Friday, October 8, 2010

Rick Snyder's boilerplate agriculture plan virtually ignores pollution issues: Where is the insightful, original candidate we saw in the spring?

Michigan journalist/blogger Eric Baerren says in his recent column that Republican candidate for governor Rick Snyder’s plan for Michigan agriculture involves loosening regulatory reigns on corporate mega-farms.

Indeed, such farms bear no resemblance to the idyllic family farms that probably service your local farmer’s market. They unleash animal feces and urine in amounts equivalent to a medium sized city – with few of the environmental rules that govern the cities' waste. The result in Michigan too often has been horrific overflows of hormone-laced animal sewage that choke the life out of streams and ponds. Because these disasters often occur in sparsely populated rural areas, they don't get much attention.

The Michigan chapter of the Sierra Club has been at the forefront of tracking and detailing these disasters.

Sadly, Snyder’s recently released agriculture plan is filled with boilerplate Republican chatter about reducing red tape, streamlining regulation and how overly zealous inspectors have choked agricultural businesses in Michigan. Other than a couple vague throwaway lines about balancing environmental concerns with economic growth, it includes no acknowledgement of the tremendous challenges of containing and managing the vast amounts of dangerous waste produced by these animal factories.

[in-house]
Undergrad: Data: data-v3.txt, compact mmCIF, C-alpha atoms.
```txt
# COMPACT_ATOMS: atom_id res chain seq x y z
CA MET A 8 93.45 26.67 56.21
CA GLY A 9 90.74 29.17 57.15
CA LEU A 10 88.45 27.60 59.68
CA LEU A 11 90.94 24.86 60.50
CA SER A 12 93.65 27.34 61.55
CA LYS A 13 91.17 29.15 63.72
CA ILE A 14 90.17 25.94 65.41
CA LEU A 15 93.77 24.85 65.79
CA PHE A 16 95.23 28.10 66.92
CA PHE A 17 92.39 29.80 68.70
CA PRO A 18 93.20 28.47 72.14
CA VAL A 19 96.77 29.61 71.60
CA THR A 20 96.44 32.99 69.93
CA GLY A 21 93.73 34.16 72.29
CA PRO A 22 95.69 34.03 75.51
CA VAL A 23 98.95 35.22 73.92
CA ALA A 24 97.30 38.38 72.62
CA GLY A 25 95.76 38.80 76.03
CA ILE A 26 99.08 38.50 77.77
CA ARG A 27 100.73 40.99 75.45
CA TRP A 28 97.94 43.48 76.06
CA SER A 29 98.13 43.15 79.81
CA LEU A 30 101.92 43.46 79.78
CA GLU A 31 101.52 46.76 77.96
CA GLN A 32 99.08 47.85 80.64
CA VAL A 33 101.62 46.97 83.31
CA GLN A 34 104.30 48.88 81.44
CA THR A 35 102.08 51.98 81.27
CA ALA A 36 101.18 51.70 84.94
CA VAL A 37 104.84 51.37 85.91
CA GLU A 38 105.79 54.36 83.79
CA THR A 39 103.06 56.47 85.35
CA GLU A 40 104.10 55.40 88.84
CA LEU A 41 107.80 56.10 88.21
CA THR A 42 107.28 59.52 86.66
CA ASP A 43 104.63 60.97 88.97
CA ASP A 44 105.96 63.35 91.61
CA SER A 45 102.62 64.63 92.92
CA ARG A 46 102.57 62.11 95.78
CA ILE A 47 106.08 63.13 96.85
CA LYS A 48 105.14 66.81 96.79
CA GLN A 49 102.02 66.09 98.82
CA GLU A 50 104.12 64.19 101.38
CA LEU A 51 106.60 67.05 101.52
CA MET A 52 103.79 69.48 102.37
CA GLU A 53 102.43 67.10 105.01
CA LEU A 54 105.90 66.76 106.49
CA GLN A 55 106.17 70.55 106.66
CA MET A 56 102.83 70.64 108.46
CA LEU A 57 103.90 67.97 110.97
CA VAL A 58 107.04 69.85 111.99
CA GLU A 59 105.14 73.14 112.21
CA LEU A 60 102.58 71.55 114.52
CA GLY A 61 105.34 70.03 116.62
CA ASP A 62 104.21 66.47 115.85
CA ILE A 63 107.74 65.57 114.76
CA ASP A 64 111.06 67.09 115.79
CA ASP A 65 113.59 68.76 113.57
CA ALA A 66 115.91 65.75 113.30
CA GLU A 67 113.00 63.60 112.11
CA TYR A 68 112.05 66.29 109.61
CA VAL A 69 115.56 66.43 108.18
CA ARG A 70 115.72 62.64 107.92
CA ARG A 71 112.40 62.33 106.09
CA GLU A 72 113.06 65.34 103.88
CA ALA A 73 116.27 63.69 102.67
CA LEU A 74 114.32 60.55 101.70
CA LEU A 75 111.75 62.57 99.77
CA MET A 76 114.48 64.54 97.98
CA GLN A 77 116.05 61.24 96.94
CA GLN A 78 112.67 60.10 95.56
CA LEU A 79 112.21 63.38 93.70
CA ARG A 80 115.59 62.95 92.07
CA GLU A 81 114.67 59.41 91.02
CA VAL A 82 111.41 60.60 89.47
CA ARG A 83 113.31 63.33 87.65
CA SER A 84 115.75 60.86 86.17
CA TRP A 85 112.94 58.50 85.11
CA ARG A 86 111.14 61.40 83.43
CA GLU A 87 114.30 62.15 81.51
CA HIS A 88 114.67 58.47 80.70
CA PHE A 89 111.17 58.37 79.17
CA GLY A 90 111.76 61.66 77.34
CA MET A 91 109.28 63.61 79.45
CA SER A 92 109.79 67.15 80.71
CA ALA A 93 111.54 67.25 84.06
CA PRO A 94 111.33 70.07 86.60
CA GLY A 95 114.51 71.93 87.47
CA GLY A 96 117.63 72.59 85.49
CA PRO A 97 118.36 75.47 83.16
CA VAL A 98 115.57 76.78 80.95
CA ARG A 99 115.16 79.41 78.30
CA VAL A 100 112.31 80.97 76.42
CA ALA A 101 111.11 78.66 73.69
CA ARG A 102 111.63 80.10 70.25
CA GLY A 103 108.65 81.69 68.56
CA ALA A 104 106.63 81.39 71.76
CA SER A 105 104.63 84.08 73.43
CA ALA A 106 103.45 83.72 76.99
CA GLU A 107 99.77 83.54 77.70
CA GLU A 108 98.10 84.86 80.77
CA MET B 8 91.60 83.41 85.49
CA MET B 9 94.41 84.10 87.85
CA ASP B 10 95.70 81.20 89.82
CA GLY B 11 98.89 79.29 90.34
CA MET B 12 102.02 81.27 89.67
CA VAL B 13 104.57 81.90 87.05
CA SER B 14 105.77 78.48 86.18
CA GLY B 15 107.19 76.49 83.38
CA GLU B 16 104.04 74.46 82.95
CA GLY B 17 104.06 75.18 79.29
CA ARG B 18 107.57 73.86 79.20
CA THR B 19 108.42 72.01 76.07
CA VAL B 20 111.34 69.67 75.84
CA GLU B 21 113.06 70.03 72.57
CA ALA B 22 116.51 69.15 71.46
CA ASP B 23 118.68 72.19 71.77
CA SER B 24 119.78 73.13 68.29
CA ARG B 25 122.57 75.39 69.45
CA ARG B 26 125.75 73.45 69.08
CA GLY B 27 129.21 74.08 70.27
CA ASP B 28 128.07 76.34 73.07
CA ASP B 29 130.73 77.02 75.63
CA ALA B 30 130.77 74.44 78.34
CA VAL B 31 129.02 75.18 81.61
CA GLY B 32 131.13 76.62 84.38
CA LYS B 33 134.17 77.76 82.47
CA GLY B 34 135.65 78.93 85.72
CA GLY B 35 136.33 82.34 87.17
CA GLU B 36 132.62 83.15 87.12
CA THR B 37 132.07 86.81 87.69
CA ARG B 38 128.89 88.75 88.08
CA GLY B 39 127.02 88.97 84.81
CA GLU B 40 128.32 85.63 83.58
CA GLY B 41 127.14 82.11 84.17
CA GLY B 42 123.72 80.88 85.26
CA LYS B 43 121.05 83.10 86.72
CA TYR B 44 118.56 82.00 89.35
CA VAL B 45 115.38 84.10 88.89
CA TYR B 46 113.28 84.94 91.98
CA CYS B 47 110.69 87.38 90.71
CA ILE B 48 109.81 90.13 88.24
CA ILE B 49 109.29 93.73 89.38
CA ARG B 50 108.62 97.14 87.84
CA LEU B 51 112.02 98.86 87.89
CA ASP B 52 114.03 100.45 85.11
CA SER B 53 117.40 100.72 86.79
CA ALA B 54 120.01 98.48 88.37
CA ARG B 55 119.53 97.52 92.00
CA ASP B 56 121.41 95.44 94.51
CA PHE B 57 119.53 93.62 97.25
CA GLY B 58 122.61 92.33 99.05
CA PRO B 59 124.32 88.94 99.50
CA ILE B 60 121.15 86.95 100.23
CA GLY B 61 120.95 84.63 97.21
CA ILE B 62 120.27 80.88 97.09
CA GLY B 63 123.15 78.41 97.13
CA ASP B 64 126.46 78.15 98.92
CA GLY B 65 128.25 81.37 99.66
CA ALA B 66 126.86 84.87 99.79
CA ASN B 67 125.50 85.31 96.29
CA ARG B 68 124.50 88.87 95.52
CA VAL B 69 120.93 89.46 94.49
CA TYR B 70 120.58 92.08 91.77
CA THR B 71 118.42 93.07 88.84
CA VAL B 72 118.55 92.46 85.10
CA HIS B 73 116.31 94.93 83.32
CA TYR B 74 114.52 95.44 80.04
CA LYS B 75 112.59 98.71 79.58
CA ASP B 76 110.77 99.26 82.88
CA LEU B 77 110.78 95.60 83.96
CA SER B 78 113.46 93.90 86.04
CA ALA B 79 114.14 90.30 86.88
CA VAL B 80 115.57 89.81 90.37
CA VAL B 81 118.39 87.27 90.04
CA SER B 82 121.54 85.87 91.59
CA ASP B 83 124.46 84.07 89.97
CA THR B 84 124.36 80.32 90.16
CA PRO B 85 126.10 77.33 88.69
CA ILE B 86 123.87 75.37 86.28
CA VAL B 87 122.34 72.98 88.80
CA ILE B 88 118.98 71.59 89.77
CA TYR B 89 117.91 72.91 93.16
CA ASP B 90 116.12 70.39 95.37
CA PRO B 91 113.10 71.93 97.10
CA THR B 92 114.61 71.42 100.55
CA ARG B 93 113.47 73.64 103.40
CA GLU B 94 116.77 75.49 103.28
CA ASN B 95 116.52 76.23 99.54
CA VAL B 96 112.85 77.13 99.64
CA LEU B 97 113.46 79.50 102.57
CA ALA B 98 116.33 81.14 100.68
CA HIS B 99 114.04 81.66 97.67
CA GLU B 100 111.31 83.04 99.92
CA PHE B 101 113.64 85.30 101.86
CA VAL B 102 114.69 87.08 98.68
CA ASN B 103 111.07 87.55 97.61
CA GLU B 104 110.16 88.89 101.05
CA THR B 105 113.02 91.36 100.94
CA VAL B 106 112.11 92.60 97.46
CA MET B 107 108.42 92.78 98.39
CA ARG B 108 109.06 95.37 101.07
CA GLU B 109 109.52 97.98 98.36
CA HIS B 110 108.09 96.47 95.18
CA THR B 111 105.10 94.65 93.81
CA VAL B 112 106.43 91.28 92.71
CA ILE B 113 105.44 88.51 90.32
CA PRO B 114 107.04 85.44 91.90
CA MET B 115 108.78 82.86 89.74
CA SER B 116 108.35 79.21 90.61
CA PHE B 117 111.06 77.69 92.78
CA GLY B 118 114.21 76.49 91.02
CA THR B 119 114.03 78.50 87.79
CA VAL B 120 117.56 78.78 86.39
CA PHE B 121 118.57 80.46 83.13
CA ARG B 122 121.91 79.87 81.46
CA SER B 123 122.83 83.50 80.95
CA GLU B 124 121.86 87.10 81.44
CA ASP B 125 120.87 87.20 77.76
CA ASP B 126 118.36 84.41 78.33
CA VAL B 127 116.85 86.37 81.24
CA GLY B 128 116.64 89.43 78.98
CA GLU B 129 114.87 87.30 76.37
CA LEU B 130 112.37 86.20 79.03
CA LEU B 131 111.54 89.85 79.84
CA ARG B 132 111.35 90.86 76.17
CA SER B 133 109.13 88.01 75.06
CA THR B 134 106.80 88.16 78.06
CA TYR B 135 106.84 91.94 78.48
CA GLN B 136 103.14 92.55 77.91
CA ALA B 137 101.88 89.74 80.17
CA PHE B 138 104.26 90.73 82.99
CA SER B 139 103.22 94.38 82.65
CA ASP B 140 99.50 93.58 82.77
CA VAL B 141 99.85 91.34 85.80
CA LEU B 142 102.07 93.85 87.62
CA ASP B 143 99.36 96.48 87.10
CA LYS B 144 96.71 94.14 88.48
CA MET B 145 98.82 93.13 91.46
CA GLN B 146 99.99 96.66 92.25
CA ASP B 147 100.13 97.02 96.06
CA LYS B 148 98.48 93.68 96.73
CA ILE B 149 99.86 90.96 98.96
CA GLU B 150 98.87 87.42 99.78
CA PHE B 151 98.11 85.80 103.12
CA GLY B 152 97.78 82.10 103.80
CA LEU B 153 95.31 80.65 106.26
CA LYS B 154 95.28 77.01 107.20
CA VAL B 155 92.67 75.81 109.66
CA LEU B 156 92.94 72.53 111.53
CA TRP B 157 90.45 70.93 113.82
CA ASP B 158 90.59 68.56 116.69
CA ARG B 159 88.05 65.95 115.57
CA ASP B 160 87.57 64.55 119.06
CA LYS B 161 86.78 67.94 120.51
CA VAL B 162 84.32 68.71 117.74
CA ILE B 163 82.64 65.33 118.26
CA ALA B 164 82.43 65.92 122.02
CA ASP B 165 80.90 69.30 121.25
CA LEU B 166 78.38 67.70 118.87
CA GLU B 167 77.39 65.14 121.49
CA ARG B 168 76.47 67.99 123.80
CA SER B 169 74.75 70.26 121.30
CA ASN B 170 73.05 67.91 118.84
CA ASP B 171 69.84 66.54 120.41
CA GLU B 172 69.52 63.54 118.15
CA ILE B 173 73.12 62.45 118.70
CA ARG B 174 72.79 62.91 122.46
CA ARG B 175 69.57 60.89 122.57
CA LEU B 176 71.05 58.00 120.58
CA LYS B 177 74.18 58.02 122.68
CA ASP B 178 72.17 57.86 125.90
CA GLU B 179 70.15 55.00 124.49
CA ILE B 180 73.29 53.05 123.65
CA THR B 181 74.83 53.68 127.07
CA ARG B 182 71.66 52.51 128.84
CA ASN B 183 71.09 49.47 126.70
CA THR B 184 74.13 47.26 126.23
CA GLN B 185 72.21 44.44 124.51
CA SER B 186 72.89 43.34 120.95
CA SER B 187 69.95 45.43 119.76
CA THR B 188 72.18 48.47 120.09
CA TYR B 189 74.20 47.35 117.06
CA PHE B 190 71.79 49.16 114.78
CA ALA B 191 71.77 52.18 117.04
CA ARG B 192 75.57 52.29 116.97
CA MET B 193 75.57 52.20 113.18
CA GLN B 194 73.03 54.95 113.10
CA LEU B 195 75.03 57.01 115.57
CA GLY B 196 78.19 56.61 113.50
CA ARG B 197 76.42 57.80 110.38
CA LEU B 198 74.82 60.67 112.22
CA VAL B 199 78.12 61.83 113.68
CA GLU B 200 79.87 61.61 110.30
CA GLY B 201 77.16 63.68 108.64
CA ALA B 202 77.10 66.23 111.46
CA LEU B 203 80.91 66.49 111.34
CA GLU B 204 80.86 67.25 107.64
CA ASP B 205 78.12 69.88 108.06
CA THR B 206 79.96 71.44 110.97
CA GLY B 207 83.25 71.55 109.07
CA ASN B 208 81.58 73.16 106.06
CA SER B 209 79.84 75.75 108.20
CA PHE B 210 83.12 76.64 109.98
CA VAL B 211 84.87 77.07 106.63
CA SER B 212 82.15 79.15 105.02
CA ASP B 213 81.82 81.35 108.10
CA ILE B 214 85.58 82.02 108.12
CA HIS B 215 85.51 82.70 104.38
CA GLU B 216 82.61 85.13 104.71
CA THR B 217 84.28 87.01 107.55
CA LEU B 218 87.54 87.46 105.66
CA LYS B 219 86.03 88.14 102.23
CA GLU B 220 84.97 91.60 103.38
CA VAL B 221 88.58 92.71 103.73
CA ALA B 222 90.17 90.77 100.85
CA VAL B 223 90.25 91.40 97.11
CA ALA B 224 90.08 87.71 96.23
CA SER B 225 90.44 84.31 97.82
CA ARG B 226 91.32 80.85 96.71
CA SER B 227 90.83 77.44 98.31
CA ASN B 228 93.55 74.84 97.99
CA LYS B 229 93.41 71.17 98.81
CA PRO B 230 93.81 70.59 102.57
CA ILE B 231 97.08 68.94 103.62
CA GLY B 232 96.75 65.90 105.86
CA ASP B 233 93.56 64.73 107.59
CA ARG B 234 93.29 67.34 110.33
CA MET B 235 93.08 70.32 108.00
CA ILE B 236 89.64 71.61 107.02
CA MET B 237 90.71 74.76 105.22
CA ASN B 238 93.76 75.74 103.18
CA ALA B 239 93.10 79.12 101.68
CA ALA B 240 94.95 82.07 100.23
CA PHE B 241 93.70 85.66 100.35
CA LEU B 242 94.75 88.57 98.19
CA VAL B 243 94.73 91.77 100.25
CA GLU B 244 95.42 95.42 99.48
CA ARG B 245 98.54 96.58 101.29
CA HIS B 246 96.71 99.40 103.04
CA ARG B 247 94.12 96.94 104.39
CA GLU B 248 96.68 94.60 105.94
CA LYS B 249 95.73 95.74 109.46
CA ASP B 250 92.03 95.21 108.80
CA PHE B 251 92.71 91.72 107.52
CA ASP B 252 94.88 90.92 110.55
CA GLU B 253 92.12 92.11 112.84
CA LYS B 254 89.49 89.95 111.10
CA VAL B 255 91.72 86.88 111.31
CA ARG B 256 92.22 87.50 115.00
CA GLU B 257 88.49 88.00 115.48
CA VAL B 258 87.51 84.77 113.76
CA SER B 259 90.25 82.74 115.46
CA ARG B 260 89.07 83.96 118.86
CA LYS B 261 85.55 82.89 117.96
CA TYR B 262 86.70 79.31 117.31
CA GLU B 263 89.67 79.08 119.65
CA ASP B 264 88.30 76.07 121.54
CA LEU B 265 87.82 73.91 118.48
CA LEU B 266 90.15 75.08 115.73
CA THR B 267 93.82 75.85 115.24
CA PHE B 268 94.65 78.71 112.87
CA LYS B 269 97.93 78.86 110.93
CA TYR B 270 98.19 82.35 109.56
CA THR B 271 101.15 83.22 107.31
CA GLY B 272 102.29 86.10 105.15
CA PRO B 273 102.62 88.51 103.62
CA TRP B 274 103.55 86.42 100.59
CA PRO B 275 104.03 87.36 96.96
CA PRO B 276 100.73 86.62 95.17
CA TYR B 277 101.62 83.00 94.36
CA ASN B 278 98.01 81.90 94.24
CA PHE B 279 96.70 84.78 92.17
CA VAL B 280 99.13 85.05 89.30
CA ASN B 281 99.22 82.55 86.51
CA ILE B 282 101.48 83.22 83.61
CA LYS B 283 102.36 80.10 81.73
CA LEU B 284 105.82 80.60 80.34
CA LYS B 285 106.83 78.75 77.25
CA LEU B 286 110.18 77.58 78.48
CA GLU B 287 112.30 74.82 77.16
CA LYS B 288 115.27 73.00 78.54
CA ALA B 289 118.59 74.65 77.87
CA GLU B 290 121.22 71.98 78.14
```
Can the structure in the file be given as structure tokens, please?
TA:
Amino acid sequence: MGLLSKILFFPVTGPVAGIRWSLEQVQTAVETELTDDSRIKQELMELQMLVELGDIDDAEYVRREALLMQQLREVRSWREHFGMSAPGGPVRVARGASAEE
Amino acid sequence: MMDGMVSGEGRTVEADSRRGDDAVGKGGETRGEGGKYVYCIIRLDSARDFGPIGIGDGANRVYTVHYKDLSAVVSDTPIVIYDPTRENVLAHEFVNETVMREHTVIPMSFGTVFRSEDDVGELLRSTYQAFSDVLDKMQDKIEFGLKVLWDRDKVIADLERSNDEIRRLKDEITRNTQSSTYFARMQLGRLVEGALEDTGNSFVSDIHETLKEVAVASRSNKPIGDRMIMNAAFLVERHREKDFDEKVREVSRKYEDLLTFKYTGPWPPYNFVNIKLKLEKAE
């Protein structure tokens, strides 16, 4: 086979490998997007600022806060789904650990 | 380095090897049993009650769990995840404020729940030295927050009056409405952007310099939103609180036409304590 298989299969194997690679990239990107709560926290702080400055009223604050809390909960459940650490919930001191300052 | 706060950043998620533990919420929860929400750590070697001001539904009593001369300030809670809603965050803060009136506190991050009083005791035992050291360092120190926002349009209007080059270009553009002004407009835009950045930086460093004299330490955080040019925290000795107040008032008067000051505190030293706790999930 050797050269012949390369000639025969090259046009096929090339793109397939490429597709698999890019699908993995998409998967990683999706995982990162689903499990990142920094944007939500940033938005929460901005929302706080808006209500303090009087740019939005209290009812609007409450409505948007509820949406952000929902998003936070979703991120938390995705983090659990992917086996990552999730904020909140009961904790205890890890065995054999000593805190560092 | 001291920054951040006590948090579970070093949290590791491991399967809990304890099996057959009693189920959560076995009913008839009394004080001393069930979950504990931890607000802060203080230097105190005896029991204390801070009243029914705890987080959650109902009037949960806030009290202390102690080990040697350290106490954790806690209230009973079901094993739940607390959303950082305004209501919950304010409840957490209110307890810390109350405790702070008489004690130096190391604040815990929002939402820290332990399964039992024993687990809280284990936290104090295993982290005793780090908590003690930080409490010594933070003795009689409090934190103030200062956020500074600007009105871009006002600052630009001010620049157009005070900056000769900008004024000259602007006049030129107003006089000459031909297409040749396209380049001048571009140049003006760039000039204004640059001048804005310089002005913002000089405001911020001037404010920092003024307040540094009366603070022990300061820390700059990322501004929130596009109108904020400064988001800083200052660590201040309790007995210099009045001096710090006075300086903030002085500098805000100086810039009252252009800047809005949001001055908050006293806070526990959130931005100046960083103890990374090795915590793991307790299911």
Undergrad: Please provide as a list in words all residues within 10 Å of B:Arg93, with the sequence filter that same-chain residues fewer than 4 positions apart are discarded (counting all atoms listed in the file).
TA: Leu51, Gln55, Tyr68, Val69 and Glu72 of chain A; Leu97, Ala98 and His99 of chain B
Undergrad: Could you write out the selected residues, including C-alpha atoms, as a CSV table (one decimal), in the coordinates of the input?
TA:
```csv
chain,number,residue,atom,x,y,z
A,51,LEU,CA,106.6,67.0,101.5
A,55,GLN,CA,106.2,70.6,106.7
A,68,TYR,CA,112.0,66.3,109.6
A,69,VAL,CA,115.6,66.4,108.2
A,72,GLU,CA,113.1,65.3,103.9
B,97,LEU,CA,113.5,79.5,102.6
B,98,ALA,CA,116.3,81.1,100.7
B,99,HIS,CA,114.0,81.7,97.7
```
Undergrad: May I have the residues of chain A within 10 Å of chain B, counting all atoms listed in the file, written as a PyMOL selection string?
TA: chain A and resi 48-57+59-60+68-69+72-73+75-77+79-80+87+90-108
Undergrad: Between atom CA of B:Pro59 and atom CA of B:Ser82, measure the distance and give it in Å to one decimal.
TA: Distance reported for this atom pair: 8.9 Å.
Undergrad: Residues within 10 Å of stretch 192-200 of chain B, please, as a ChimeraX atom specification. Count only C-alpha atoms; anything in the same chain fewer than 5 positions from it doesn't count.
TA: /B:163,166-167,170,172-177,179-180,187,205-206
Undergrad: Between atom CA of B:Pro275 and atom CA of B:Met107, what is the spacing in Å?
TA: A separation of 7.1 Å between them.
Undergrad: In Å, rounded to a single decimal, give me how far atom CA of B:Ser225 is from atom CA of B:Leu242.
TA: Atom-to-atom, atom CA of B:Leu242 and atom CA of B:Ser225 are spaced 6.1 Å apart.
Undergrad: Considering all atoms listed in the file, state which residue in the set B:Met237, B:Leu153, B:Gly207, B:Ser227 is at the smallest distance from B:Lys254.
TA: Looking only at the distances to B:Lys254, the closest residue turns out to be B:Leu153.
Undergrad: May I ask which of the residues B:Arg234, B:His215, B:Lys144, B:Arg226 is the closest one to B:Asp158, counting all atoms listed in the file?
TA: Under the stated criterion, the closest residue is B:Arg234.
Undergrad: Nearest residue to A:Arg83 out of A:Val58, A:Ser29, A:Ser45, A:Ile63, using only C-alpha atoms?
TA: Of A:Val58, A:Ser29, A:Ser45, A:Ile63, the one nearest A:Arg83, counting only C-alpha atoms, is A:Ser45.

Most disappointingly, the Snyder document contains none of the nuance and insight that Snyder demonstrated this spring during his excellent performance at an environmental forum for candidates.

I’m looking for reasons to vote for Rick Snyder in November …. I think he’s demonstrated a deeper understanding of the complex issues facing Michigan than has his opponent, Virg Bernero.

But if Snyder is going to abandon his keen insights in favor of letting his positions default into robotic and well-worn partisan grooves, then we’re back to business as usual.

And that would suck.


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